Activists camp out at state Capitol to protest tuition hikes
About 200 students and activists were camped out beneath the rotunda of California's state Capitol on Monday afternoon to protest cuts to higher education, even as the state's top Democrats who made the cuts tried to claim the demonstrators' side.
The hours-long vigil beneath the dome followed a morning rally that featured thousands of demonstrators and an all-star lineup of Democratic elected officials that included Lt. Gov. Gavin Newsom, Assembly Speaker John A. Perez (D-Los Angeles) and Senate President Pro Tem Darrell Steinberg (D-Sacramento).
Gov. Jerry Brown, who signed a budget last year that slashed state university funding by 23%, did not attend the rally. But he said through a spokeswoman: "The students today are reflecting the frustrations of millions of Californians who have seen their public schools and universities eroded year after year. That's why it's imperative that we get more tax revenue this November."
Brown wants voters to approve a tax hike in November that would combine a temporary half-cent sales tax hike, which would fall on all consumers, with increases on higher incomes. But many of Monday's demonstrators favor a competing tax proposal to permanently increase taxes on millionaires.
At the rally, Steinberg acknowledged Democrats' roles in tuition hikes over the last year. "We've cut billions of dollars and I've hated every minute of it.," he told the crowd.
Perez, who helped shepherd last year's austerity budget through the Legislature, touted his proposal to close a $1-billion tax loophole for out-of-state corporations in order to free up funds for more scholarships. "California is watching you, and I know the people of our state are going to hear you today," he said.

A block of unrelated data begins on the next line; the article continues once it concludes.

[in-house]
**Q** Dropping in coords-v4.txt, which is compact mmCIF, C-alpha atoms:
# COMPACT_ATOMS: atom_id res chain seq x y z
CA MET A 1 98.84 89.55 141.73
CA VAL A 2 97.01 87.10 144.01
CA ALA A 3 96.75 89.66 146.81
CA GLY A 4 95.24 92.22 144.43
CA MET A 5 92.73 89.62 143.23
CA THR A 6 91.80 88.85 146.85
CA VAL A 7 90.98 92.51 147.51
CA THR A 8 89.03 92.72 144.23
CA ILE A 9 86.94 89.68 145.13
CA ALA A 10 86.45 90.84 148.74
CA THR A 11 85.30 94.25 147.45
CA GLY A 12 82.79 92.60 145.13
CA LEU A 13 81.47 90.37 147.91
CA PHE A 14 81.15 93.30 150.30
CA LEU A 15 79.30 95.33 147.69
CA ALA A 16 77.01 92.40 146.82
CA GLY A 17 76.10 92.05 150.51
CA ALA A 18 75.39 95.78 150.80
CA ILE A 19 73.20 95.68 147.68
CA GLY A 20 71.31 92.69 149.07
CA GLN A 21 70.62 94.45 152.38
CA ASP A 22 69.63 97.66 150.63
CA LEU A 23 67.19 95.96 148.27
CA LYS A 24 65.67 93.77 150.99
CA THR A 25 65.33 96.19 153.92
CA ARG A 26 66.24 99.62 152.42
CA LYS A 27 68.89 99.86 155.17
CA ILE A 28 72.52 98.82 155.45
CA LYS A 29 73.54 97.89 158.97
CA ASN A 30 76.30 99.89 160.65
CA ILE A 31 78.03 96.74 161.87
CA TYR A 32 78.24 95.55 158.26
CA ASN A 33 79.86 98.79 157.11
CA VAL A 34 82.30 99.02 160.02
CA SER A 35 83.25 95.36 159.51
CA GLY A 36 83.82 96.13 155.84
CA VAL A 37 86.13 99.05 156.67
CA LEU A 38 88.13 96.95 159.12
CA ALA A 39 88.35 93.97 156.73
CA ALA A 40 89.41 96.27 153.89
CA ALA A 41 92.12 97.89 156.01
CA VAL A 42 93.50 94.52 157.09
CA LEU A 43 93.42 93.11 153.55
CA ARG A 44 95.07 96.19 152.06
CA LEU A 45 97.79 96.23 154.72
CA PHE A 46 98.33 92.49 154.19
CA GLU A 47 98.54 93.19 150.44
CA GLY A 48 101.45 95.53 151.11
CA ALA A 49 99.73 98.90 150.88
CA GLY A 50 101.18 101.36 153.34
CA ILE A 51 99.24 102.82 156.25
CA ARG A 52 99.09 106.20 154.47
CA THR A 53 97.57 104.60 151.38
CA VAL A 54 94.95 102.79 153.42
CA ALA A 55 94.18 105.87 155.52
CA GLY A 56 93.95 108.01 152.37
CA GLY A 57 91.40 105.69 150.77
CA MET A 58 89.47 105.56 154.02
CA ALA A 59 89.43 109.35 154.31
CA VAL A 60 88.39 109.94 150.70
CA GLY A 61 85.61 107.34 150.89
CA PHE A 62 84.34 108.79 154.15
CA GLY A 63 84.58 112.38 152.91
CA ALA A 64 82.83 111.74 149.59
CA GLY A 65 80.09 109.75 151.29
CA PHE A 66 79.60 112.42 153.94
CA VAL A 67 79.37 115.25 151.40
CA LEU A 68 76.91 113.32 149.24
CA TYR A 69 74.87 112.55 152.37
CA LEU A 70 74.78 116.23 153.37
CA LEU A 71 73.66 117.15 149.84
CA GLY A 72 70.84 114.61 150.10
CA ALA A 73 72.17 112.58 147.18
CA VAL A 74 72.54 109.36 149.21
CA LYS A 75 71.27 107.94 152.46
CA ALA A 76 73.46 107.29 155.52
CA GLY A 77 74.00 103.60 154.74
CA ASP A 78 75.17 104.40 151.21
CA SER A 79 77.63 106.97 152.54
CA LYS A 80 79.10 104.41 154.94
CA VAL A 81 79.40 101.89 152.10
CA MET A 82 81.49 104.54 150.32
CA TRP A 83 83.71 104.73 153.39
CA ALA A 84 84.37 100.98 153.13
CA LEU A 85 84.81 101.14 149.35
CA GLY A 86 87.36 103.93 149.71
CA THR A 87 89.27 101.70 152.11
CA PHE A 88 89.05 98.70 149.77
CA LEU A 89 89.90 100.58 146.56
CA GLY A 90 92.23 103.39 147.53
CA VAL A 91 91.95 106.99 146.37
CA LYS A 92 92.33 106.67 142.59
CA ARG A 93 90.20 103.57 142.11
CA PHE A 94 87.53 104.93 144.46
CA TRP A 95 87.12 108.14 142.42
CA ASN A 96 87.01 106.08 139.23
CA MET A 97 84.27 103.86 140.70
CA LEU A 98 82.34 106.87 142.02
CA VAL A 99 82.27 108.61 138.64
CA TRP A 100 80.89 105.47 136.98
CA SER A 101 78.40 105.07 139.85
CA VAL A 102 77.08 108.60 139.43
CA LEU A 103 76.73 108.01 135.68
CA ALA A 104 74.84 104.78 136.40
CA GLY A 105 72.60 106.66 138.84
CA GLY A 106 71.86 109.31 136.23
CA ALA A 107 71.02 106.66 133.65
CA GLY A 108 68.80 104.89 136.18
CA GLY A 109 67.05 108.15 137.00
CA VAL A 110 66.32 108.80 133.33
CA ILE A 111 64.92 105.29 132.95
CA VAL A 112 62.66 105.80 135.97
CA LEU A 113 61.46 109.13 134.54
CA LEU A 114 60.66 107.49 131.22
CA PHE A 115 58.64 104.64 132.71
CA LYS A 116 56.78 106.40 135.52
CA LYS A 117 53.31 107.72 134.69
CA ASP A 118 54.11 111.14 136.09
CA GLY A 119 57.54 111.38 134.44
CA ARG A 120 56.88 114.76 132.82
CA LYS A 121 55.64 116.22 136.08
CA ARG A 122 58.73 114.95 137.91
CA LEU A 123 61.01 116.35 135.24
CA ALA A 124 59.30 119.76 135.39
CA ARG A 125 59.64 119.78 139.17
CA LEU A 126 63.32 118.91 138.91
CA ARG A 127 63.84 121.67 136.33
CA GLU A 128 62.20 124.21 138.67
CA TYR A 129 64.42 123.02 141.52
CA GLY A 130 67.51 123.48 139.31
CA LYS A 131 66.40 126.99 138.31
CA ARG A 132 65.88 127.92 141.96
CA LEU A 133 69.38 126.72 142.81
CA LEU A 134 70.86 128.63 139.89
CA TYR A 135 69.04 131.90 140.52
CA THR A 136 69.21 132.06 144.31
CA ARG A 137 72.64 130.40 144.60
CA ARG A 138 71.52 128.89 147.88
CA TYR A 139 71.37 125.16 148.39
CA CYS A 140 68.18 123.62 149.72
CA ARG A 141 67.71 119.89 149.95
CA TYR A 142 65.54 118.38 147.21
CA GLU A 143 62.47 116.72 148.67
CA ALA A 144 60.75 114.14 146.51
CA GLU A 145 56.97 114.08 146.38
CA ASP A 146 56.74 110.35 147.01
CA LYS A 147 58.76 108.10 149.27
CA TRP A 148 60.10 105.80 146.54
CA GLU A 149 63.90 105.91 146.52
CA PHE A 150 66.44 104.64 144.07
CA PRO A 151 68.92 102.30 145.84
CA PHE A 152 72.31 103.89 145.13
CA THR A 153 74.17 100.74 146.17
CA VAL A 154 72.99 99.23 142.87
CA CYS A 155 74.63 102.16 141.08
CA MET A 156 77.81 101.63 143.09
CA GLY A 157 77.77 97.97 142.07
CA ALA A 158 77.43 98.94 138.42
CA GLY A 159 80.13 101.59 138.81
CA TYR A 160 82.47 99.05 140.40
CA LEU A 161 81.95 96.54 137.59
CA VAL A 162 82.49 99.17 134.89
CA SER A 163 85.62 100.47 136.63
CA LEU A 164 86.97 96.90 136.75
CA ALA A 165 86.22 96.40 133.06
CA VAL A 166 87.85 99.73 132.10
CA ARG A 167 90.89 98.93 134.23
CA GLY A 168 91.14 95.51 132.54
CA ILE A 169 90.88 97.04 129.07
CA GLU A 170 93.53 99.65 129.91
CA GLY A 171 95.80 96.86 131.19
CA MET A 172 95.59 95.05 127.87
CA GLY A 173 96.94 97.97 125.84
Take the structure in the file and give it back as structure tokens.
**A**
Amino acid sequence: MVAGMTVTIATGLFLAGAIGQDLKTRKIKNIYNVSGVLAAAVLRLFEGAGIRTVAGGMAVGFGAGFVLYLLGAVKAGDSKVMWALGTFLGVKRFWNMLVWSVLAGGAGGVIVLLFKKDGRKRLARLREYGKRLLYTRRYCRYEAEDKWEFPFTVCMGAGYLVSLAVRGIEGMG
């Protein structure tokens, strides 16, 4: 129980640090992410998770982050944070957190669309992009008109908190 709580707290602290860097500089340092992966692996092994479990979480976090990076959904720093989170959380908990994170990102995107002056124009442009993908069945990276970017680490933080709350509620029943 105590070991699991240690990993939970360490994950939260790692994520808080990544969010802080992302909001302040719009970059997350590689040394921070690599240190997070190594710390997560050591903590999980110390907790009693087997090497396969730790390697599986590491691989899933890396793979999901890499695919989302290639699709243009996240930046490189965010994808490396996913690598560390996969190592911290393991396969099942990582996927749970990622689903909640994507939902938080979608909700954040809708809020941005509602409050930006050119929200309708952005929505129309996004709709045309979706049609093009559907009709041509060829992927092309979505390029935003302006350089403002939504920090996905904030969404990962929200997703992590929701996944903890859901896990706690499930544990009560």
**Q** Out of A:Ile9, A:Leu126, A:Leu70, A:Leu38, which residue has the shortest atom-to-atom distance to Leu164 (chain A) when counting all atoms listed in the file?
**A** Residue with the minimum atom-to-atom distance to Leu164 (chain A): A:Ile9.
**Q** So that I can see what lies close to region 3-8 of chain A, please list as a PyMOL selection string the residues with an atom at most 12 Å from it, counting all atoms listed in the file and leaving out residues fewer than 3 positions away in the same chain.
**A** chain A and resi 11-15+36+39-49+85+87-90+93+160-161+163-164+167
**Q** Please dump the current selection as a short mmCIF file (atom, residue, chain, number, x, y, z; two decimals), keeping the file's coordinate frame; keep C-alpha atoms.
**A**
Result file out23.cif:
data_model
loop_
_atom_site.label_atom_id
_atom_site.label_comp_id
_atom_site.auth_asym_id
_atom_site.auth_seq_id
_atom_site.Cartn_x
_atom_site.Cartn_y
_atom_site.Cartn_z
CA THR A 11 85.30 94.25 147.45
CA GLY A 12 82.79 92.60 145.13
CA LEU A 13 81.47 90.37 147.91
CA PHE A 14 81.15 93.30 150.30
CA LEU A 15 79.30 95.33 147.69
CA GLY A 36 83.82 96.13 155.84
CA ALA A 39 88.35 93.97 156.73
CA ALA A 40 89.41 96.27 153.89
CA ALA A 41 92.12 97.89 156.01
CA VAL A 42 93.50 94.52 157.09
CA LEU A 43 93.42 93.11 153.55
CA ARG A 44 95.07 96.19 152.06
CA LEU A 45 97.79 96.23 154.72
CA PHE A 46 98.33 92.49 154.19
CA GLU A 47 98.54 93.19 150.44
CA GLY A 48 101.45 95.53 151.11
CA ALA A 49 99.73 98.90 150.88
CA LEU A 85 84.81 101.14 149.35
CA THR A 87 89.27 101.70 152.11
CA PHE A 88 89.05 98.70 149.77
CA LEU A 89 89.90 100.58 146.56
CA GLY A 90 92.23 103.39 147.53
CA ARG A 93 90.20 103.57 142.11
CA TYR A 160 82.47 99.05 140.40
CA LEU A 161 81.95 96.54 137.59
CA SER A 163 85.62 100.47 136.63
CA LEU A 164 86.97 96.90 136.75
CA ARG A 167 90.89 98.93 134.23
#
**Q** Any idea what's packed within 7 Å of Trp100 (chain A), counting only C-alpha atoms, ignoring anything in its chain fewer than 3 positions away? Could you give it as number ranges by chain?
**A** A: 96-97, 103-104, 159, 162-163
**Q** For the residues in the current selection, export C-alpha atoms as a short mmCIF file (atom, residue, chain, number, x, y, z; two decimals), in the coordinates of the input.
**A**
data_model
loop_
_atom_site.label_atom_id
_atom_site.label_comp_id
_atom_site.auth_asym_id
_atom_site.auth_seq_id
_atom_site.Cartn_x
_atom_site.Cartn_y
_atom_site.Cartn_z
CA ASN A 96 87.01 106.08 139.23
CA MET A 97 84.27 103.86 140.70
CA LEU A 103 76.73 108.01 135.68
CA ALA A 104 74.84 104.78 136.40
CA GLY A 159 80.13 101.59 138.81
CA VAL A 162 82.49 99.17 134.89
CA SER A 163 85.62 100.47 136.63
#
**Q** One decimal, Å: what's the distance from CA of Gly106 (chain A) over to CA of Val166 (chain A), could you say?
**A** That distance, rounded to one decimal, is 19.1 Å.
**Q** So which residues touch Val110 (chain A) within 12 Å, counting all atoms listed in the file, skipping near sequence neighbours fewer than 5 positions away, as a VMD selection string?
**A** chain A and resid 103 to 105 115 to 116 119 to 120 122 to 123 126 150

Republicans issued a statement blaming Democrats for the tuition hikes, noting that the increases were a response to the majority party's budget. Democrats replied that the hikes occurred only because GOP members refused to vote for tax increases.
Inside the building, activists and students prepared for possible civil disobedience when the Capitol closes at 6 p.m. Some filled out paperwork to identify themselves if arrested, while the CHP cut off access to the marble-floored area under the rotunda.
Activist Joseph Dobzynski, 33, didn't want to leave. The Cal State Channel Islands analyst is an official in the union representing CSU staff. He also has a 7-year-old and is dismayed at what's happening to the state's universities.
"Children like mine are going to be priced out of higher education," he said.
Just before 4 p.m., Newsom stopped by to chat with demonstrators inside the rotunda. He listened politely as the group debated its next steps using the procedurally exhaustive, non-hierarchical process that the Occupy movement has made famous.
-- Chris Megerian in Sacramento
Photo: Demonstrators line up to enter California's state Capitol building, where hundreds camped out for hours Monday afternoon. Credit: John G. Mangabalo / EPA